London's Gatwick Airport headed to full-time on Saturday as police investigated a man and a woman in connection with the crash of a drone that caused the crime of tens of thousands of passengers.
Police said on Saturday that the suspect is a 47-year-old man and a 54-year-old woman from Crowley, about eight kilometers from the airport. They were arrested on suspicion of interfering with civil aviation in a way that could jeopardize people or operations.
Arrivals and departures of the airport have shown that the busy airport is in the direction of the normal, but it still shows an unusual number of delayed take-off and landing.
In a statement, the second-largest British airport said it was operational, but called on its passengers, many of which were in danger of dying unmanned aircraft on Wednesday night to check the status of their flights before going to the airport.
"Travelers should expect some delays and cancellations while continuing to renew our operations after three days of interruption and we advise you to check with their airline before you travel to the airport," said Gatwick spokeswoman.
Airport officials say the goal is to complete 757 flights on Saturday with just under 125,000 passengers.
The drones caused a 36-hour shutdown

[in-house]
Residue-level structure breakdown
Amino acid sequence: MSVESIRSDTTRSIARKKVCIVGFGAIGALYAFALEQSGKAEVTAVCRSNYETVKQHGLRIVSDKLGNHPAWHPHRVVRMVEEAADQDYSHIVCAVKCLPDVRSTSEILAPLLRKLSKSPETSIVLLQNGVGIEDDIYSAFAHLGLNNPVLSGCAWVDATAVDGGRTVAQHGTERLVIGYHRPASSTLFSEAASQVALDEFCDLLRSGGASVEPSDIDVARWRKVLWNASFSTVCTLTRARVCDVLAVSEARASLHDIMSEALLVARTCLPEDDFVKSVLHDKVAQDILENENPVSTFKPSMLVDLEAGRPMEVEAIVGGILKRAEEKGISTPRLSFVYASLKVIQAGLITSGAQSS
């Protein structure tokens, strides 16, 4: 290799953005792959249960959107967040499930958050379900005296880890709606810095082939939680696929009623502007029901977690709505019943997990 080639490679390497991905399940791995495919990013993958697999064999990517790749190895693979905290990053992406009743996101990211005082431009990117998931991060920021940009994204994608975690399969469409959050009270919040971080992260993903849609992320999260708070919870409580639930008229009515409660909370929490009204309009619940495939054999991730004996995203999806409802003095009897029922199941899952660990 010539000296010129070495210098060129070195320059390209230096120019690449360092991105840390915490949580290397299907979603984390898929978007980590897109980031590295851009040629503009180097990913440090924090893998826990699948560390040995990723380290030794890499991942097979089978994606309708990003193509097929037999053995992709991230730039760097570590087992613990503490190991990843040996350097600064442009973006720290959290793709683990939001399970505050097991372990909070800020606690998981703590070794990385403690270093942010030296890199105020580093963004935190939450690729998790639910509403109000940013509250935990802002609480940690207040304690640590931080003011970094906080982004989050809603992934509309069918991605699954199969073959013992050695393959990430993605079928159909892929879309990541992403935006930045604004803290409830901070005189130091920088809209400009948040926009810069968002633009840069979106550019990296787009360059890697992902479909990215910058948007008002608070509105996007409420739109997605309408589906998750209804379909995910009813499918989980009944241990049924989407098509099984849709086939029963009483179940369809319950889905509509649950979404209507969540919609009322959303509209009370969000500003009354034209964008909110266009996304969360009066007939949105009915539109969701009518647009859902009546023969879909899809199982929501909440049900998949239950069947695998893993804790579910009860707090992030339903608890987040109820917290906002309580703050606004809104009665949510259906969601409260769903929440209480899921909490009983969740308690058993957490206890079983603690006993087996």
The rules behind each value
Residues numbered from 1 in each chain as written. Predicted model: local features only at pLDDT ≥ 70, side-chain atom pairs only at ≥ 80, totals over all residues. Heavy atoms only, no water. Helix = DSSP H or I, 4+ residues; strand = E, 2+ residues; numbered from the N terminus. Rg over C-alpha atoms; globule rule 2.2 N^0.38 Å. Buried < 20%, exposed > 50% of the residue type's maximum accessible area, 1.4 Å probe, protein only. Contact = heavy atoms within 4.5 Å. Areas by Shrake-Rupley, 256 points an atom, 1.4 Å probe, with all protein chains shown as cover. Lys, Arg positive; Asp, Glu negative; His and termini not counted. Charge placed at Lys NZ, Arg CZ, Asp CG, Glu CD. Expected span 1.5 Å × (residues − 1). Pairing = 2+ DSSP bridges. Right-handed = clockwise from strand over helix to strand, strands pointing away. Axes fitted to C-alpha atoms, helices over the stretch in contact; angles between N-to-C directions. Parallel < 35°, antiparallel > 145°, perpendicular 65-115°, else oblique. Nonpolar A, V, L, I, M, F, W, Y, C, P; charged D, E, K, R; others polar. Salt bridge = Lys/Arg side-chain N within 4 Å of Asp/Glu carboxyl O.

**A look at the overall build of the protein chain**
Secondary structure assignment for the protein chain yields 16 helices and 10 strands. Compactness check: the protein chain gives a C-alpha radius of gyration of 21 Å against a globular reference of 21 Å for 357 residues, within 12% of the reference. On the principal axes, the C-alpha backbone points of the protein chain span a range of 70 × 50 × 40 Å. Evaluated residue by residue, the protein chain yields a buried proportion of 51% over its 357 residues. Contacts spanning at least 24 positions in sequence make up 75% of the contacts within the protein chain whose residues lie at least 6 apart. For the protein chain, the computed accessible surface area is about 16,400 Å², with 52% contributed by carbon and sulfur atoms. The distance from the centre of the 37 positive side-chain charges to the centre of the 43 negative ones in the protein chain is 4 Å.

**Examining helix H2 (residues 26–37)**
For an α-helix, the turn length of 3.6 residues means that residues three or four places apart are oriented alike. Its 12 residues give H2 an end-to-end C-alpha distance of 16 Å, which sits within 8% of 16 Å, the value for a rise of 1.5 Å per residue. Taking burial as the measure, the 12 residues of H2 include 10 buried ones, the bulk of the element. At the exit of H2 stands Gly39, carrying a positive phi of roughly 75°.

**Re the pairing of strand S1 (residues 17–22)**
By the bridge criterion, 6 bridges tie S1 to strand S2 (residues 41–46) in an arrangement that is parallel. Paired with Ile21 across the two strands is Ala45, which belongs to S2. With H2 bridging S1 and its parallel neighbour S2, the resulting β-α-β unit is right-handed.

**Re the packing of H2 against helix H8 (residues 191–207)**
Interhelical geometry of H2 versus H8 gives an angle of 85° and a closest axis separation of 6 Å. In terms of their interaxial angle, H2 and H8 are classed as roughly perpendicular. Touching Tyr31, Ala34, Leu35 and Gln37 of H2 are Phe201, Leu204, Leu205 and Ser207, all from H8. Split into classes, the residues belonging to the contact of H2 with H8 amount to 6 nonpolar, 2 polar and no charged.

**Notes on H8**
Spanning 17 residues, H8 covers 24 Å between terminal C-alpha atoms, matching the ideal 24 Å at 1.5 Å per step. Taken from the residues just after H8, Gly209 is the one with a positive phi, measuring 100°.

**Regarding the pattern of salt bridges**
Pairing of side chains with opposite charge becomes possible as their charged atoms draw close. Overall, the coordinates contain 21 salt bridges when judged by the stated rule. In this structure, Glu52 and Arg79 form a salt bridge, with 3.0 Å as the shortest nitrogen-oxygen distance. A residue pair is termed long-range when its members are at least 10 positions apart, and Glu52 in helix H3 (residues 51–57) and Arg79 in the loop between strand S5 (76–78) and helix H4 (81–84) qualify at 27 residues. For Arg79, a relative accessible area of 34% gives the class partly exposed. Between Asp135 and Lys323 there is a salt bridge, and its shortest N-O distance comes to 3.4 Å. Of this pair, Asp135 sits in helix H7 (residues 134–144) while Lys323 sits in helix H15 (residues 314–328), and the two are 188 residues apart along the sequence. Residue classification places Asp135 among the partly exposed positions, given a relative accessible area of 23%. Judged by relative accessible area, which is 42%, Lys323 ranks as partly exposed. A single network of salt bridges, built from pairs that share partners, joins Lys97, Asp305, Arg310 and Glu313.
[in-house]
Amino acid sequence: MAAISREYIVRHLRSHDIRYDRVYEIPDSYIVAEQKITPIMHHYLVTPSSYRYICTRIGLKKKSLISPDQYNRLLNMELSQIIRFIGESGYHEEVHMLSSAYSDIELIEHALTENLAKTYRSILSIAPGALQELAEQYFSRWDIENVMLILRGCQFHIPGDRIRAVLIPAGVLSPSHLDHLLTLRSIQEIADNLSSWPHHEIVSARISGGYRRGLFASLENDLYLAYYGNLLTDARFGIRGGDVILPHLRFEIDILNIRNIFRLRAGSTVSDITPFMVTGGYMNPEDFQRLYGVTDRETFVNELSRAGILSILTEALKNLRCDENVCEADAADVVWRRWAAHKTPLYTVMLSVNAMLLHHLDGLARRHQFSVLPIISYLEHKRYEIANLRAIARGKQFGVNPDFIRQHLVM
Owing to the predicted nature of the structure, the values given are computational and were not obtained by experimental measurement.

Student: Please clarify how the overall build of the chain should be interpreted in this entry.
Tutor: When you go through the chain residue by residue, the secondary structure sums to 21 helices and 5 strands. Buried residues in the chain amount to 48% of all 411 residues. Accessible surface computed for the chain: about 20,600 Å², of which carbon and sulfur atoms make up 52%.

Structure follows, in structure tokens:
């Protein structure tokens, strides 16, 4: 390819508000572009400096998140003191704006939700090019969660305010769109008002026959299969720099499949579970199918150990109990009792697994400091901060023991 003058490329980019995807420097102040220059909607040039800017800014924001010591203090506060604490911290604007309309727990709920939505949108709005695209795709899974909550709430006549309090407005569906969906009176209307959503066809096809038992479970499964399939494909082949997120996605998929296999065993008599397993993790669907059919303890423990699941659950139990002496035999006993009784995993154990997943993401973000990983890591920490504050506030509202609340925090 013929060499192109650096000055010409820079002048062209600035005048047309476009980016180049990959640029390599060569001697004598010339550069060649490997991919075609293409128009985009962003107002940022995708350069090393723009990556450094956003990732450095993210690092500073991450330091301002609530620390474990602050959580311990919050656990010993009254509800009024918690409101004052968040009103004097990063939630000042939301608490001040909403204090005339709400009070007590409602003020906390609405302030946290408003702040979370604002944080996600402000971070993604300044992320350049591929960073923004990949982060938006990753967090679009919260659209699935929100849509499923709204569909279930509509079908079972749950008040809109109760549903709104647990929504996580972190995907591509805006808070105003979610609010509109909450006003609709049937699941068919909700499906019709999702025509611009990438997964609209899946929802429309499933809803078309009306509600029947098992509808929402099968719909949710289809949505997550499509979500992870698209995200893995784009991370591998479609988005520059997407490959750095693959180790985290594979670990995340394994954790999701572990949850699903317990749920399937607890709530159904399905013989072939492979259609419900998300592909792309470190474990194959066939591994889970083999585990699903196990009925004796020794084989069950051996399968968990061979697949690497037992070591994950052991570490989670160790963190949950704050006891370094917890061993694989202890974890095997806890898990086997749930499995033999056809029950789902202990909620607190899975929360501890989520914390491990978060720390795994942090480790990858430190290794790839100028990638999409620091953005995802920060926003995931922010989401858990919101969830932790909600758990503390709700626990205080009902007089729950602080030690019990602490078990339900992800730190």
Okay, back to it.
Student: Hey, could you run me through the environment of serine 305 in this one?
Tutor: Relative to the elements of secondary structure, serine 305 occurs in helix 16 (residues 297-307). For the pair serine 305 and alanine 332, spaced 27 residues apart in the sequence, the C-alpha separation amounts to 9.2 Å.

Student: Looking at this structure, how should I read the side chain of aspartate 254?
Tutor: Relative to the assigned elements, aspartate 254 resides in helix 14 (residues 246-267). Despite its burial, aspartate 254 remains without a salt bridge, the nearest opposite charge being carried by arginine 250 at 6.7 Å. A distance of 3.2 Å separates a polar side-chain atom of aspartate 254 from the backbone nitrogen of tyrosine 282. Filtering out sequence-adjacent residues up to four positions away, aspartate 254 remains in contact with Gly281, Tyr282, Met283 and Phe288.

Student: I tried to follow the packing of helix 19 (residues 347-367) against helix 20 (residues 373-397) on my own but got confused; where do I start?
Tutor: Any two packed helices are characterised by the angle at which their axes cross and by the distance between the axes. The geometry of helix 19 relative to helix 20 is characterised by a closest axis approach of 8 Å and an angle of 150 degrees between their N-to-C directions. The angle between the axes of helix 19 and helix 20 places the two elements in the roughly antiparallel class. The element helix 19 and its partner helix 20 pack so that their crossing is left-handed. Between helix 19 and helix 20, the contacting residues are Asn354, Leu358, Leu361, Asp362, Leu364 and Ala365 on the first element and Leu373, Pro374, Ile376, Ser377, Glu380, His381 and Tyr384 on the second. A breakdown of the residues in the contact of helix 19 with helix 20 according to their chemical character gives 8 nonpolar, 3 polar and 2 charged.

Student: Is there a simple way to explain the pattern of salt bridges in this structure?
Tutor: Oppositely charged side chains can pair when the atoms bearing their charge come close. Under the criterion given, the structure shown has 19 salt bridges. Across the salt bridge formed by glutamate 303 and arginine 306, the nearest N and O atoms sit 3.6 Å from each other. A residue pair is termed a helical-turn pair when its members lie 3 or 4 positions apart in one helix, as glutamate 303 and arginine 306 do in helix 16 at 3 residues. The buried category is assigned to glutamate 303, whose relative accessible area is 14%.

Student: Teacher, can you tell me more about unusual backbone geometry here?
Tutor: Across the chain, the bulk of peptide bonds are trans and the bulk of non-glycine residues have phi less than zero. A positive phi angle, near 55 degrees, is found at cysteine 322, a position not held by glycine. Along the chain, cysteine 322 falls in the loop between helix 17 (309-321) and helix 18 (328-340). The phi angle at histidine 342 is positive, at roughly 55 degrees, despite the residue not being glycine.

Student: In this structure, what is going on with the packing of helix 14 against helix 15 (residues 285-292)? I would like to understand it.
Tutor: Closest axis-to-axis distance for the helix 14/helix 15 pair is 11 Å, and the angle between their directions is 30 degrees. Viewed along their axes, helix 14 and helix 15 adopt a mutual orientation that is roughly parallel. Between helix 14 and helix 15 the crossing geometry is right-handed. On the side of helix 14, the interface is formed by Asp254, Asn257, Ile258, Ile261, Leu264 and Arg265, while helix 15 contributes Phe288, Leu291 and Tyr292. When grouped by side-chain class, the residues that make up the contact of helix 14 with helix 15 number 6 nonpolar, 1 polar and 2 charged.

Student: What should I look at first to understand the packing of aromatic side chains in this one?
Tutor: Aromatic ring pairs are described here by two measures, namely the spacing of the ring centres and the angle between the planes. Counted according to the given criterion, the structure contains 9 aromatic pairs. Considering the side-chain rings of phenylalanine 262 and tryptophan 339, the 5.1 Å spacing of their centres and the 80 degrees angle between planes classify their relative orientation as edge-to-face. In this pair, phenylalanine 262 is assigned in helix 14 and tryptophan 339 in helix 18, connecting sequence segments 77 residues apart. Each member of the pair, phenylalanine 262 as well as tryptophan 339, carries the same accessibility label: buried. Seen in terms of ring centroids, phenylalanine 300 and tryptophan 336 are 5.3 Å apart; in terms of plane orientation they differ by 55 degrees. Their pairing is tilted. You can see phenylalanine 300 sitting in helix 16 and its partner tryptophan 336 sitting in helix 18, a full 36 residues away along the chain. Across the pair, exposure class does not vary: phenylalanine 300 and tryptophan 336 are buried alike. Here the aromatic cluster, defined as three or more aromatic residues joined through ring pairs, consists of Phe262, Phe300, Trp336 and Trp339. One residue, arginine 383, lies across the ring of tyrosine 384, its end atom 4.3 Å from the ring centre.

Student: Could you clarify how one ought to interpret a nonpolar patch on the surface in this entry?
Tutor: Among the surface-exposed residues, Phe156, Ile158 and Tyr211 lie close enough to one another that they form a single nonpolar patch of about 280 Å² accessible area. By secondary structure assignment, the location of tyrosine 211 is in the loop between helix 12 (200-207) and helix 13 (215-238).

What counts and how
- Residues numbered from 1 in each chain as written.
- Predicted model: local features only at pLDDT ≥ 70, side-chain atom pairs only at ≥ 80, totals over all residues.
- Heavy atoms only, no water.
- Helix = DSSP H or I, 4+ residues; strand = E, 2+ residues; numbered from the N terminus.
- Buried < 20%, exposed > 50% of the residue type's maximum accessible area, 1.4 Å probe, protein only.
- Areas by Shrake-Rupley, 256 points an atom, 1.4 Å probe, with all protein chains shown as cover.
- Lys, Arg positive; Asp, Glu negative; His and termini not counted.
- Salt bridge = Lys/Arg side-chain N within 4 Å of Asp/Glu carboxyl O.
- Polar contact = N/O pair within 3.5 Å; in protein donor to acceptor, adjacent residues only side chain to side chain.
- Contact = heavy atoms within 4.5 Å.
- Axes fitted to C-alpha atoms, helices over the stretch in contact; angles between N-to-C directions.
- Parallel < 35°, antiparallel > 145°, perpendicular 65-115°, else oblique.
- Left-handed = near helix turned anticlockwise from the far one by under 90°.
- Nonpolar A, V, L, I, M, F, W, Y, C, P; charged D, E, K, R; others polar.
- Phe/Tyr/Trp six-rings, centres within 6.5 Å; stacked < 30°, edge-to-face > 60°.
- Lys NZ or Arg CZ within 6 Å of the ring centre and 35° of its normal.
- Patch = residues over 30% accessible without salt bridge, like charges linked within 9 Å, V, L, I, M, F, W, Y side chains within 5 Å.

There were no new sightings of drones since the police arrested two people late Friday night in connection with the criminal use of unmanned aircraft.
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New sightings of unmanned aircraft on Friday night caused new problems for passengers at the airport, which reopened in the morning after a 36-hour shutdown, just to hurry flights more than an hour late in the afternoon on one of the busiest days of the year. Officials said additional military capabilities allowed the flights to continue after stopping.
We hope that the airport can make a big part of the backlogs and get passengers who hope that it will be for Christmas now that the police in Saseks have arrested two suspects. Those arrested were not appointed and are not indicted. The police did not say where they were arrested on Friday.
"Our investigations are still underway, and our activities at the airport continue to build resilience to detect and mitigate further intrusions of unmanned aerial vehicles using a variety of tactics," said Chief of Staff James Collis.
"We continue to encourage the public, travelers and the wider community around Gatwick to be cautious and support us by contacting us immediately if they believe they have any information that can help us bring in those responsible to justice."
The crisis in the Gatwick unmanned aircraft, located 45 kilometers south of London and serving 43 million passengers a year, had the effects of a wave in the entire international air transport system.